This third set of book reviews from the Children’s Literature and Reading Special Interest Group (CL/R SIG) includes a donkey, a dog, a slug, and a cat! All creatures share thier love of books and encourage students to enjoy reading. Winter, Jeannette. (2010). Biblioburro: A True Story from Colombia. New York: Beach Lane Books.
In simple, straightforward prose, Winter tells the true story of Luis Soriano, a book-loving teacher in rural Colombia determined to share his beloved book collection with those who have no access to books. When his books overtake his living space, Luis loads books onto one donkey and rides another into the countryside. The author’s approach is warm and inviting, showing Luis sharing a story with village children and reading a book peacefully at home. While the plot suggests the danger and challenge of the journey (a bandit threatens him at one turn, steep and treacherous terrain at another), this picture book honors the dignity of both helper and helped. Folk-art illustrations ground the reader in the Colombian setting while also providing a touch of whimsy and celebration. Winter presents Luis as a simple man sharing what he had and doing what he could to make a difference. In doing so, she quietly entreats readers to take actions of their own as well. The spare presentation leaves room for classroom dialogue; background information provided will support further exploration. - Sue C. Parsons
Yates, L. (2010). Dog loves books. New York: Alfred A. Knopf.
Dog is a book-loving canine, the kind of reader who covets the very “smell” and “feel” of books and finds ecstasy wallowing in a good read. Like all book lovers of this magnitude, Dog cannot keep his passion to himself, so he opens a bookstore. Disappointed by a lack of enthusiasm in his first customers, he, of course, “fetched a book from the shelf and began to read” (u.p.). Yates shows Dog’s unabashed ardor for reading through brilliantly detailed body language. As he slips rapturously into the book, he is surrounded by the characters he encounters. Dinosaurs, kangaroos, and space aliens, drawn with spirit and humor, gravitate with sparkling eyes and eager grins toward the book in Dog’s hands, and the lively pastel illustrations move from pleasant and engaging to full-on celebratory. When, joy of joys, a customer enters, also craving a book, Dog knows “exactly which ones to recommend” (u.p.), and the two book lovers explore the titles together. This is a delightful book—spirited and funny—and an irresistible invitation to grab a book and read. (A humorous nudge to the coffeehouse bookstore will bring a smile to adult readers.)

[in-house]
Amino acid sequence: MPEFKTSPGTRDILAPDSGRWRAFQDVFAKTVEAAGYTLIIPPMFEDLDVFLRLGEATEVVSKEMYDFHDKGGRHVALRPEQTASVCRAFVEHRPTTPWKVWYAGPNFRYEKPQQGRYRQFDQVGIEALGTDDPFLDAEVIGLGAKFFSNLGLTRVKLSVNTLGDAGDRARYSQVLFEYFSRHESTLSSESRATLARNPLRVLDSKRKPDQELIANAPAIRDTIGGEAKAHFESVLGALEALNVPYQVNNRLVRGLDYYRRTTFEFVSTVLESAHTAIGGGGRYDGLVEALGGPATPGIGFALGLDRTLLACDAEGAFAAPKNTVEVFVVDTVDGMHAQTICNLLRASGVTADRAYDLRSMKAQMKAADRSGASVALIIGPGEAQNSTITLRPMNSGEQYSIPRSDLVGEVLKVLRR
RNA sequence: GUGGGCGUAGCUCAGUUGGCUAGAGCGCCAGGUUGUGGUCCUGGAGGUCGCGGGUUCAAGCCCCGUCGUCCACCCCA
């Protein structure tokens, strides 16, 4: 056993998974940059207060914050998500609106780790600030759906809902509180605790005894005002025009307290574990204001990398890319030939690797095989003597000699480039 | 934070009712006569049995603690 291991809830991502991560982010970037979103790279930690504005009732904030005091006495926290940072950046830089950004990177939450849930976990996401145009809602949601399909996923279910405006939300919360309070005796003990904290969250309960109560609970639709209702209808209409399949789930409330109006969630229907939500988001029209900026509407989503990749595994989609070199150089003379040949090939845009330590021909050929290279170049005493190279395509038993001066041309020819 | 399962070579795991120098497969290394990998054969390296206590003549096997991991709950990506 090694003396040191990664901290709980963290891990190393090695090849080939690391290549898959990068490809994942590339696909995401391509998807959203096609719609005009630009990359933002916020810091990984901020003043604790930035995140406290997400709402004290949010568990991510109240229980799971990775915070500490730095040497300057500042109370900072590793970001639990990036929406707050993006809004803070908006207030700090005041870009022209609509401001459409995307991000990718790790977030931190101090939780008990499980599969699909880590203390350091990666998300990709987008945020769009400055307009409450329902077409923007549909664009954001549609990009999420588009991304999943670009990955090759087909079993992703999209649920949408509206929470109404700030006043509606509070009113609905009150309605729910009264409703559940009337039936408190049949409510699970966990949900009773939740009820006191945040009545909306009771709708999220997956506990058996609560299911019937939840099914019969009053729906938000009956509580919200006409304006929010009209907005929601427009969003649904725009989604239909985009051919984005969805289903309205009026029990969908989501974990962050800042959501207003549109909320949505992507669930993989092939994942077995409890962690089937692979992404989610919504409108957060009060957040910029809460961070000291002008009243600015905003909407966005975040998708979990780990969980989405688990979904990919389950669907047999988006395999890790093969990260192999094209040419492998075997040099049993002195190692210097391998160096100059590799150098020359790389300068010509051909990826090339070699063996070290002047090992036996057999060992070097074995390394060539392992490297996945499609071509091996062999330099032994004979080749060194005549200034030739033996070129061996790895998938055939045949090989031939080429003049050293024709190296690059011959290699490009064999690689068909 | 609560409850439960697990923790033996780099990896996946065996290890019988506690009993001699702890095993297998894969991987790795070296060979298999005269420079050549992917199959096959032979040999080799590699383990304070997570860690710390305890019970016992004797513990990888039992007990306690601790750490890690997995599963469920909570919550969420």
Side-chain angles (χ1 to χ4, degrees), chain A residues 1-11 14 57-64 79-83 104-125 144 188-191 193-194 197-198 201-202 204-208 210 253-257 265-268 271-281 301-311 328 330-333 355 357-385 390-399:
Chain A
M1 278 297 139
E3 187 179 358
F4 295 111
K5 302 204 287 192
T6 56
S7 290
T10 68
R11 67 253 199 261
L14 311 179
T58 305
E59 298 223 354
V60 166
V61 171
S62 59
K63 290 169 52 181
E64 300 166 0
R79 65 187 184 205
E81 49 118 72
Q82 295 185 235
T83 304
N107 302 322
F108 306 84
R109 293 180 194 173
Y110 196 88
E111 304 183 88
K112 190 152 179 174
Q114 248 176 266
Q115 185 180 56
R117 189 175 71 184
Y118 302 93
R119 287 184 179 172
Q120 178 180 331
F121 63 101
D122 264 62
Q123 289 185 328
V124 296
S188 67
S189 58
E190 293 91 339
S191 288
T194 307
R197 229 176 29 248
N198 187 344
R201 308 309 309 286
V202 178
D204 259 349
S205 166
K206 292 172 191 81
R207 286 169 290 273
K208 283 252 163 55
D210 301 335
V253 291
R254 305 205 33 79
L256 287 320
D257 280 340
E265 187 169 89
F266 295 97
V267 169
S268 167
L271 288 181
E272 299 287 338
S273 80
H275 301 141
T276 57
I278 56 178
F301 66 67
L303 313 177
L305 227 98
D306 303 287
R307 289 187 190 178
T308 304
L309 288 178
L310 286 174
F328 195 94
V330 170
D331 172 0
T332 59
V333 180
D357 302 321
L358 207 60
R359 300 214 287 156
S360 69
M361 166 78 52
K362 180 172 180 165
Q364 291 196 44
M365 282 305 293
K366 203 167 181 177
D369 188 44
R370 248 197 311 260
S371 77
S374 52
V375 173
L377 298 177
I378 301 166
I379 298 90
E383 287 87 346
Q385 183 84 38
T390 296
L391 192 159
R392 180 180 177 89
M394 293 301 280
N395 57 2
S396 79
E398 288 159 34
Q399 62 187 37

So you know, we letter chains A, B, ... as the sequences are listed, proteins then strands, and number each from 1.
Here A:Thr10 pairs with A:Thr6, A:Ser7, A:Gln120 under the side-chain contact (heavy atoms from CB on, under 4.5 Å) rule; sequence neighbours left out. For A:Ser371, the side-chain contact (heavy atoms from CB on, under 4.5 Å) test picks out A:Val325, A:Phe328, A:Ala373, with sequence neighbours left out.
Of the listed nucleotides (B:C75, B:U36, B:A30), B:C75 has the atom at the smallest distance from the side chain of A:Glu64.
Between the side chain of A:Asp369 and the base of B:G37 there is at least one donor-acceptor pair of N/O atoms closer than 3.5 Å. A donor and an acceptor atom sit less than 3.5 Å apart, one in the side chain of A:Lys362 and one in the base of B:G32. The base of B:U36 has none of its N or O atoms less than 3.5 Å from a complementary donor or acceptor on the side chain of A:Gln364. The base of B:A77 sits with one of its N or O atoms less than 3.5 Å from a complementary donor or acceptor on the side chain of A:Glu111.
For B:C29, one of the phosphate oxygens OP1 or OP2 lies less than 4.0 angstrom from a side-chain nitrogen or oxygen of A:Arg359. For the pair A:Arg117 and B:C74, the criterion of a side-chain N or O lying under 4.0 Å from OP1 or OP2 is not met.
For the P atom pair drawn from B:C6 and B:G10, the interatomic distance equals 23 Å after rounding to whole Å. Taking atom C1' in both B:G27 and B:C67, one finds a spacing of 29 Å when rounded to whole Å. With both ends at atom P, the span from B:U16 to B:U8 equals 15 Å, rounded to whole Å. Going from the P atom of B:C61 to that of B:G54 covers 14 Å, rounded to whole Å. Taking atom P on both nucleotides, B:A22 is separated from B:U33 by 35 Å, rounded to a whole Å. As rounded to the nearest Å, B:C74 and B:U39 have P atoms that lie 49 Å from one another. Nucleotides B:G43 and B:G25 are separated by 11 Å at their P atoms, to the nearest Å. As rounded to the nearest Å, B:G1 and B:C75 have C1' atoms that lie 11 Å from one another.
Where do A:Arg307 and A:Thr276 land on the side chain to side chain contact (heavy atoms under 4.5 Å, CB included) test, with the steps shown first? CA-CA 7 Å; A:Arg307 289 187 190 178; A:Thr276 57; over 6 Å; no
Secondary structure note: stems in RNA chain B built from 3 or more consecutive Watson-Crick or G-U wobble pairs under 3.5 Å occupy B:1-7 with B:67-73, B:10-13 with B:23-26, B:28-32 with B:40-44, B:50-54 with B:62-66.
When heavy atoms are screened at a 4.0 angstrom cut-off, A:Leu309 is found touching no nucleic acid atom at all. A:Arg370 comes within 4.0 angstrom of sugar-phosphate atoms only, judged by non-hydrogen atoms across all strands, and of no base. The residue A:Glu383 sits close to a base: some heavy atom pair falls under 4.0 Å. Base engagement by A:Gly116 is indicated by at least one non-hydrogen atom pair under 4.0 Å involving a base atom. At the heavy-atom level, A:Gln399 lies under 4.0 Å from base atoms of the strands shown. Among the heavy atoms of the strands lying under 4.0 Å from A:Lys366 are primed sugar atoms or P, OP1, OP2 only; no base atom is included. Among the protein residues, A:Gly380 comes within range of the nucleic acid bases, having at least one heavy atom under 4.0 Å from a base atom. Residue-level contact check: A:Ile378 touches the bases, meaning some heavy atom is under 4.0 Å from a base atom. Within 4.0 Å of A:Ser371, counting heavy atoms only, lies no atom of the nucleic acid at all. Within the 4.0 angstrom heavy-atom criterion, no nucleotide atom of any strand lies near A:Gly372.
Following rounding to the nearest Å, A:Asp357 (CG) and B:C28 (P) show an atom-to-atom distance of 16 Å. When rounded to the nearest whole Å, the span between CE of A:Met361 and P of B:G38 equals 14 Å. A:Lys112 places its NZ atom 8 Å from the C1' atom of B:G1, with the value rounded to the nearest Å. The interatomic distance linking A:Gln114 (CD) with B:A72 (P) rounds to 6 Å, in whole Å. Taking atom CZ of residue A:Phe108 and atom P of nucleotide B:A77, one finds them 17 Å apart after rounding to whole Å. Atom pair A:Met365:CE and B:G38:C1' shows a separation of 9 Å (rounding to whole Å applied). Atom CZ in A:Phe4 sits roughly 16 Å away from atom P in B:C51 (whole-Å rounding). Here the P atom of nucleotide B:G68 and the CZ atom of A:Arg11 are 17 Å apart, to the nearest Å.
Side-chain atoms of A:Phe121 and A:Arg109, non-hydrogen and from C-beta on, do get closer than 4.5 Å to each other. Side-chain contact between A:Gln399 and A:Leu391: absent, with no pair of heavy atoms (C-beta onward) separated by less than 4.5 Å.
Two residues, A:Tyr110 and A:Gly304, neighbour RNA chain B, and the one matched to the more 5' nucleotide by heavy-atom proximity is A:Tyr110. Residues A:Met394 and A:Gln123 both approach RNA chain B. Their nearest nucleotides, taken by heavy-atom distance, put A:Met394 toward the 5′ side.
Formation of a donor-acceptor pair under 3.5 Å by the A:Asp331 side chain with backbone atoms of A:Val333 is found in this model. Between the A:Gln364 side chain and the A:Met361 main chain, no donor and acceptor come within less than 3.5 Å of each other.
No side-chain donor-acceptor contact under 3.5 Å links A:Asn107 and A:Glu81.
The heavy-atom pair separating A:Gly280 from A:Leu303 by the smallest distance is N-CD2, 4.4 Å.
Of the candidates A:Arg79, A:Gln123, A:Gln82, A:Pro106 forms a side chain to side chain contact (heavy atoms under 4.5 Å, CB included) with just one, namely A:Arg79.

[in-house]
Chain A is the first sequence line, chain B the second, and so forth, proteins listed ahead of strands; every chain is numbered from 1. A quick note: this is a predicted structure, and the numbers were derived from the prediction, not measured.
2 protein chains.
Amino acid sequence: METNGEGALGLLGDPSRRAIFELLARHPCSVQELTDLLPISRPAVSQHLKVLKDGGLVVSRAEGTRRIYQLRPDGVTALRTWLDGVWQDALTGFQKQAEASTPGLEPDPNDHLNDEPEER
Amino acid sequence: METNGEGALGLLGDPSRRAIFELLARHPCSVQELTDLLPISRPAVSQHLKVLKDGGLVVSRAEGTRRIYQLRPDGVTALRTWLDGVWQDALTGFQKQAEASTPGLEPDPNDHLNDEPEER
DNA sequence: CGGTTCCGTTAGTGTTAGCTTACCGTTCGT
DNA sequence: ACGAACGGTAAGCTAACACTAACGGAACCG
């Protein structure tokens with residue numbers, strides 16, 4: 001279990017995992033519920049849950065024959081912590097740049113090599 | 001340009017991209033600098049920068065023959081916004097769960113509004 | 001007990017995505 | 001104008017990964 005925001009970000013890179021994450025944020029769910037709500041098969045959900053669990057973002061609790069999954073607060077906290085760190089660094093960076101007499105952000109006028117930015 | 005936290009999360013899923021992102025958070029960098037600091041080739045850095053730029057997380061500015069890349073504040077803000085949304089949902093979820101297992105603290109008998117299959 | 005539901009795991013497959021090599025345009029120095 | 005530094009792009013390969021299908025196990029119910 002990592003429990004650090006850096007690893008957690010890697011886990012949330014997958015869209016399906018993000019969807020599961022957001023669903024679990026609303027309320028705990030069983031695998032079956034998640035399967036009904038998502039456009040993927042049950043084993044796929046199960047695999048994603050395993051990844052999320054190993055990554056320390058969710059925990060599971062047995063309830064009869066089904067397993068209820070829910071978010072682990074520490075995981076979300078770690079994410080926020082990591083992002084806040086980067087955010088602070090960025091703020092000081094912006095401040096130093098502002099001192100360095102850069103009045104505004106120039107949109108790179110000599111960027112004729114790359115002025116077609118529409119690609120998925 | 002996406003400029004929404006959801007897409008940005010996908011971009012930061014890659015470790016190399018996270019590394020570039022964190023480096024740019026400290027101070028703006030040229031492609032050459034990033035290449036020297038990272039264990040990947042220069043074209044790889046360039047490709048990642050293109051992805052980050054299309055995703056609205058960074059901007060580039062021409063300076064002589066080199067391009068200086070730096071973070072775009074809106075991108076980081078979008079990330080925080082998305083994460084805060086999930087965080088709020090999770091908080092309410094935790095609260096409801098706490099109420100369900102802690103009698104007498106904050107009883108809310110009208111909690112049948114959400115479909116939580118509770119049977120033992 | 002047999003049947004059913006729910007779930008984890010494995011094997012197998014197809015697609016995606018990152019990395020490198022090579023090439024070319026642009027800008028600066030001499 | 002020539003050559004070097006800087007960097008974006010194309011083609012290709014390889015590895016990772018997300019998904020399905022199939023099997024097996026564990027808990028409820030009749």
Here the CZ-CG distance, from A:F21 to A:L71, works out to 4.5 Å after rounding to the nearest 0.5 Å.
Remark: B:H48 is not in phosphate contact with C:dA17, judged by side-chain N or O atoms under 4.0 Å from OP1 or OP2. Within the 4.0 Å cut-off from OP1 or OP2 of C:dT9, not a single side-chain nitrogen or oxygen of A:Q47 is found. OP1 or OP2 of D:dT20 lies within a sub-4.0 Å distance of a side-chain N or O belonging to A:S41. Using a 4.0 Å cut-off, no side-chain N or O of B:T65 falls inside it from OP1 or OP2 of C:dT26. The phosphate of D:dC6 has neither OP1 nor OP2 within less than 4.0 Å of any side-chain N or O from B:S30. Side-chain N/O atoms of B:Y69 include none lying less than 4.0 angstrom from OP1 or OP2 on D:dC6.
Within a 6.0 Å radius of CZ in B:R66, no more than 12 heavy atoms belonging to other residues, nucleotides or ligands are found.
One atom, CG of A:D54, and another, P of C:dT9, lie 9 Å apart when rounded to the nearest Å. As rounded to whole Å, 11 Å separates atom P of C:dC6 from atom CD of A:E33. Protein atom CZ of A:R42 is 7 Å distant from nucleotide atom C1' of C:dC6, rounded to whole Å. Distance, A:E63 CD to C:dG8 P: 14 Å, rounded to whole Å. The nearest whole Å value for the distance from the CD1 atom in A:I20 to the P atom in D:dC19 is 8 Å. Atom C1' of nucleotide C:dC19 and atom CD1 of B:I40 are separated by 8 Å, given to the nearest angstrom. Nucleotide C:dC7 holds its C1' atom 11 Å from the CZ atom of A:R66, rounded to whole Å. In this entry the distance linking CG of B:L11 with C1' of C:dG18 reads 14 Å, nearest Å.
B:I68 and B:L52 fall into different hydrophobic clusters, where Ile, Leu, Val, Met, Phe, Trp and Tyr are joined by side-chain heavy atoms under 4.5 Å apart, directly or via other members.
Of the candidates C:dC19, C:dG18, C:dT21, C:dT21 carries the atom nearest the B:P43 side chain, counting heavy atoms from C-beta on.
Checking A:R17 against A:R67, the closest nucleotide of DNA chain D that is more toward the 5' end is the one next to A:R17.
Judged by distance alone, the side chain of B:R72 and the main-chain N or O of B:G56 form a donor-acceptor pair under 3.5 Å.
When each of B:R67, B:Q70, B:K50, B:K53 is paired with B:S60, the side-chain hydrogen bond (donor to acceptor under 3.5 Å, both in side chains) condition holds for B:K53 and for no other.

Pearson, S. (2011). How to teach a slug to read. Illus. by D. Slonim. Tarrytown, NY: Marshall Cavendish Books for Children.
- Sue C. Parsons
Chockfull of tips for how to create a reader and how to enhance reading skills, this picture book would be useful for beginning readers, but could also serve as a ready reference for their parents and teachers who are looking for easy ways to help young readers notice print. For example, one of the tips suggests labeling the favorite things of the slug—or child, of course. By underlining some words in slug slime and featuring slugs instead of children, the positive message goes down smoothly, enhanced by illustrations that add humor while paying tribute to that often-disparaged creature, the slug. The not-so-hidden message that if a slug can read, so can I is particularly salient. - Barbara A. Ward
Pelley, K. T. (2011). Raj the bookstore tiger. Watertown, MA: Charlesbridge.
Raj, a beautiful tiger-striped cat, loves stalking through the shelves, listening to stories, and sitting on the laps of the bookstore patrons. His human companion, Felicity, reads stories to him and calls him her tiger. But the arrival of Snowball, a disgruntled feline bully, leaves Raj discombobulated since Snowball denigrates him, telling Raj he is just a cat, after all, not a tiger. Depressed, Raj hides in the bookshelves until Felicity reads him poems written by William Blake, most notably the lines “Tyger Tyger Burning Bright” that describe the fierce and wondrous beast. Inspirational message delivered and understood, Raj licks his wounds, his self-esteem restored, and ends up befriending Snowball. Once again, literature saves a life, and the bookstore now has two happy cats, er, tigers, frolicking through its shelves. - Barbara A. Ward